One chart shows the pressure from the global supply chain that imperils garment workers

On the morning of April 24, 2013, workers in Dhaka, Bangladesh, didn’t want to go back into their factories, housed in an eight-story building. Cracks had started showing a day earlier in the walls of the building, but their bosses insisted they go to work.

Later that morning, the rumbling vibration of the building’s massive generators, turned on after a power cut, brought the Rana Plaza building tumbling down. It was one of the worst factory disasters the world has ever seen. More than 1,100 workers lost their lives, and more than twice as many were injured.

Afterwards, dozens of brands that relied on Bangladesh—the world’s second-largest clothing manufacturer after China—many of them European, banded together to create an unprecedented safety initiative. The Accord on Fire and Building Safety in Bangladesh would work with the government to inspect factories and ensure fixes were carried out. (Most of the largest American retailers declined to sign on due to some of the Accord’s more stringent provisions, and instead formed a different initiative.)

Now, more than 2,000 factories that work with global brands have been inspected and many repaired. Some 1,600 of those were covered under the Accord, which eventually counted on some 200 members, and paid for a staff of engineers. But at the same time as this safety effort was underway, a pernicious trend, also driven by brands, continued.

A study by Mark Anner (pdf), director of Penn State University’s Center for Global Workers’ Rights, found ahead of the fifth anniversary of the disaster that brands are generally paying less for garments today than they did before the Rana Plaza disaster. For example, the price of cotton boys’ and men’s trousers going from Bangladesh to the US—its biggest garment import from the country—fell 13% in the years since the disaster. In the same period, the price paid for t-shirts exported to the European Union, Bangladesh’s top garment export to that region, fell about 5%. (The US accounts for about 18% of Bangladesh’s clothing exports, while nearly two-thirds go to Europe.)

That happened even as cotton prices went up more than 20% between 2015 and 2017, Anner notes, and can’t be explained by currency fluctuations. Unsurprisingly, wages haven’t increased after the government raised the minimum wage by more than 70% in the year of the disaster. In 2016, strikes for better wages led to workers being arrested and fired.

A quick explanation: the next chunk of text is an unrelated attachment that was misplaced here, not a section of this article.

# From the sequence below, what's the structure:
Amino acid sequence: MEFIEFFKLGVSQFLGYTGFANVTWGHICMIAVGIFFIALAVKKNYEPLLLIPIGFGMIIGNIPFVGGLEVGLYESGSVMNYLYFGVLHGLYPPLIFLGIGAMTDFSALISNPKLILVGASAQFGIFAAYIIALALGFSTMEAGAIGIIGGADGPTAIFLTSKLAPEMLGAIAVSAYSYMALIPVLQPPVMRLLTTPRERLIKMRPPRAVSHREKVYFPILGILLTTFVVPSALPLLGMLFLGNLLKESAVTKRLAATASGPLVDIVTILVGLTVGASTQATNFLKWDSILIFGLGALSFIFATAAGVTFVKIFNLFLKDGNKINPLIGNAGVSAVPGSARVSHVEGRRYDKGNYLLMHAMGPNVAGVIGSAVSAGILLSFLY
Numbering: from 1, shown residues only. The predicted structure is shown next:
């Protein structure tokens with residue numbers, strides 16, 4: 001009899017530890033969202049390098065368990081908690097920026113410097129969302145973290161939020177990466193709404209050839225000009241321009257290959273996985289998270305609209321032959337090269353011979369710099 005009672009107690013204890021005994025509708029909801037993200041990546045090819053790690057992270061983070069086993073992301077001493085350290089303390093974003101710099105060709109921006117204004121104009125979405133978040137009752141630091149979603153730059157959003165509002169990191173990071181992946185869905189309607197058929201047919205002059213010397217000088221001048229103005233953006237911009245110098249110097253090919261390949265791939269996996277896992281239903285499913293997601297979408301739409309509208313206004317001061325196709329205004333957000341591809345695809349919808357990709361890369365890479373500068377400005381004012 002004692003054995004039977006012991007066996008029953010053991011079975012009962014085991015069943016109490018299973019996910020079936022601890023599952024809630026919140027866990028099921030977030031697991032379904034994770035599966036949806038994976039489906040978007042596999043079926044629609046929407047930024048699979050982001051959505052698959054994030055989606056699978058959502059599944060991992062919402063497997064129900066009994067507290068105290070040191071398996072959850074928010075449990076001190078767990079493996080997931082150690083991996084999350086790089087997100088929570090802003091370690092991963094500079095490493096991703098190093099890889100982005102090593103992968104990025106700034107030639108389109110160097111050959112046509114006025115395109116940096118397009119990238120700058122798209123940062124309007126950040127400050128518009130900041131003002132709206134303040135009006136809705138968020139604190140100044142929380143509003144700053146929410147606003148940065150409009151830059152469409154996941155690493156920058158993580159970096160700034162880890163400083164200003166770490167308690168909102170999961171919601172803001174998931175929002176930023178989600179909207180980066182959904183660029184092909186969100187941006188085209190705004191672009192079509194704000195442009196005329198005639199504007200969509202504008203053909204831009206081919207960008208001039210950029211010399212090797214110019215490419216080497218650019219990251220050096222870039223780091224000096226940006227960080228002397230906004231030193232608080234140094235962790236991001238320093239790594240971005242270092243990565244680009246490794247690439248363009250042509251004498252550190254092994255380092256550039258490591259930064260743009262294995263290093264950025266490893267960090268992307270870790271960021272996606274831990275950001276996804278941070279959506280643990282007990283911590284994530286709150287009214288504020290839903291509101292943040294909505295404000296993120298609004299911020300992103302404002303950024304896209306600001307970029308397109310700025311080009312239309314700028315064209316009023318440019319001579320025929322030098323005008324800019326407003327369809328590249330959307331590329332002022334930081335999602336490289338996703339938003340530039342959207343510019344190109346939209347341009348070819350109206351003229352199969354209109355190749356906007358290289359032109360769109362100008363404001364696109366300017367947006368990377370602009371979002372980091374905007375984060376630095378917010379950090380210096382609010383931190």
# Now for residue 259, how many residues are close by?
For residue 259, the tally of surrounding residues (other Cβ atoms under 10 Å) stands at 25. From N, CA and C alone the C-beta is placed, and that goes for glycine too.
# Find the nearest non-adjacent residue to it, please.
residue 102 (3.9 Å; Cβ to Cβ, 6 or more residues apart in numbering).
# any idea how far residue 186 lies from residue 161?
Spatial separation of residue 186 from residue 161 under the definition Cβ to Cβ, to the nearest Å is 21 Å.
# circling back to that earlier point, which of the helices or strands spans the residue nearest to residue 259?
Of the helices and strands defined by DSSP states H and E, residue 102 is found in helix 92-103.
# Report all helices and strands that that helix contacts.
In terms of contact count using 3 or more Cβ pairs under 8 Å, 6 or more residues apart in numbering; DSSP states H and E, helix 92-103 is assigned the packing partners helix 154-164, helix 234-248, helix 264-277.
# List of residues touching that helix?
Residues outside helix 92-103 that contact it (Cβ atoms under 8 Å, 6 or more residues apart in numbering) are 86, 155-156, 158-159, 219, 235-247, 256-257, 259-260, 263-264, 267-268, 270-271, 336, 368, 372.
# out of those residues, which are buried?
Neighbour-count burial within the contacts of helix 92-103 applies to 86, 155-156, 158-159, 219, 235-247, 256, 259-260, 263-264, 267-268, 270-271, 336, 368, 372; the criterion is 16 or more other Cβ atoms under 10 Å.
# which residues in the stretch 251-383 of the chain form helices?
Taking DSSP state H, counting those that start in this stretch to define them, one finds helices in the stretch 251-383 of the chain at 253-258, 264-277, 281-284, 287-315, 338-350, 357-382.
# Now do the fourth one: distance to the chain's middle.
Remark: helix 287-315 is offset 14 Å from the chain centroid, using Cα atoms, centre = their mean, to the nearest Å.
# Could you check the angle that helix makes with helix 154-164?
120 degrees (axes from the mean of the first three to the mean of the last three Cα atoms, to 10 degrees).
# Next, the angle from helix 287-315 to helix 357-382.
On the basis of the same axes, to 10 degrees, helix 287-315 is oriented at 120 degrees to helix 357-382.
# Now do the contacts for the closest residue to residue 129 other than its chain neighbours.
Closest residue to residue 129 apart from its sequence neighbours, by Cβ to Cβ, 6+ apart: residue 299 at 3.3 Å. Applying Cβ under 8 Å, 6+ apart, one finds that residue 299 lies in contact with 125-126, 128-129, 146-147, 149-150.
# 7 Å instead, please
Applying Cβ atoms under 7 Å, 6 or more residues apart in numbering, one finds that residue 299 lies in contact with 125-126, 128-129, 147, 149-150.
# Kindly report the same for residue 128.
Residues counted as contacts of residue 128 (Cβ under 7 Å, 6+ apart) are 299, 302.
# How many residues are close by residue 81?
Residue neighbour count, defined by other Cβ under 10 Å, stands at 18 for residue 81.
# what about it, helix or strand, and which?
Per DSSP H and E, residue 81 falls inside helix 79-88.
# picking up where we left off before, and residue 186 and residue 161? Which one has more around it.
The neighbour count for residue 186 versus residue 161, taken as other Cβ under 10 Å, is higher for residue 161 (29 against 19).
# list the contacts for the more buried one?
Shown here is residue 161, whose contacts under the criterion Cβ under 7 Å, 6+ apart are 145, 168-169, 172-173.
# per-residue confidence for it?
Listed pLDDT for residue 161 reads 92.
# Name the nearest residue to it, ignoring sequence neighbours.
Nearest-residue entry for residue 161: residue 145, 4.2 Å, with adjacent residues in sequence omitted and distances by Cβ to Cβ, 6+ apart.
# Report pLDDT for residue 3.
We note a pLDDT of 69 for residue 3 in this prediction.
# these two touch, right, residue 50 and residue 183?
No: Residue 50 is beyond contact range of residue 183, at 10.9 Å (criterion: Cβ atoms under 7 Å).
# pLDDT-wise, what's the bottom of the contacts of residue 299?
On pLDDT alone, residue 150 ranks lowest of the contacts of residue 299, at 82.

The price drop over the last five years underscores the dynamics at play in the global garment supply chain. As clothing sales have become increasingly concentrated in the hands of massive multinational retailers who place gigantic orders, the buyer’s power—and ability to get cents shaved off the cost of an item of clothing—has become increasingly concentrated too.

The Rana Plaza disaster drew attention to the power of brands—both for harm and for good. The Accord was in many ways a landmark effort—for the fact that it was legally binding, the sheer number of brands involved, and that labor unions were part of it. Under the Accord’s arbitration mechanism, administered in the Netherlands, unions secured a $2.3 million settlement from an unnamed apparel retailer that failed to meet its obligations. Five years on, the physical safety of factory premises covered under the two initiatives is far better than it used to be, according to several studies, including Anner’s.

That very achievement underscores the power amassed by one end of the supply chain—an imbalance that is inherently dangerous to workers.

Previously, manufacturers saved costs by working out of spaces that weren’t purpose-built for that. After Rana Plaza, that may not happen as much. Instead, as price pressures continue, they’ll look to save from more “negotiable” costs, like wages or how often maintenance crucial to safety is carried out.

Read next: Two garment factory disasters a century apart show how globalization has sapped labor’s power

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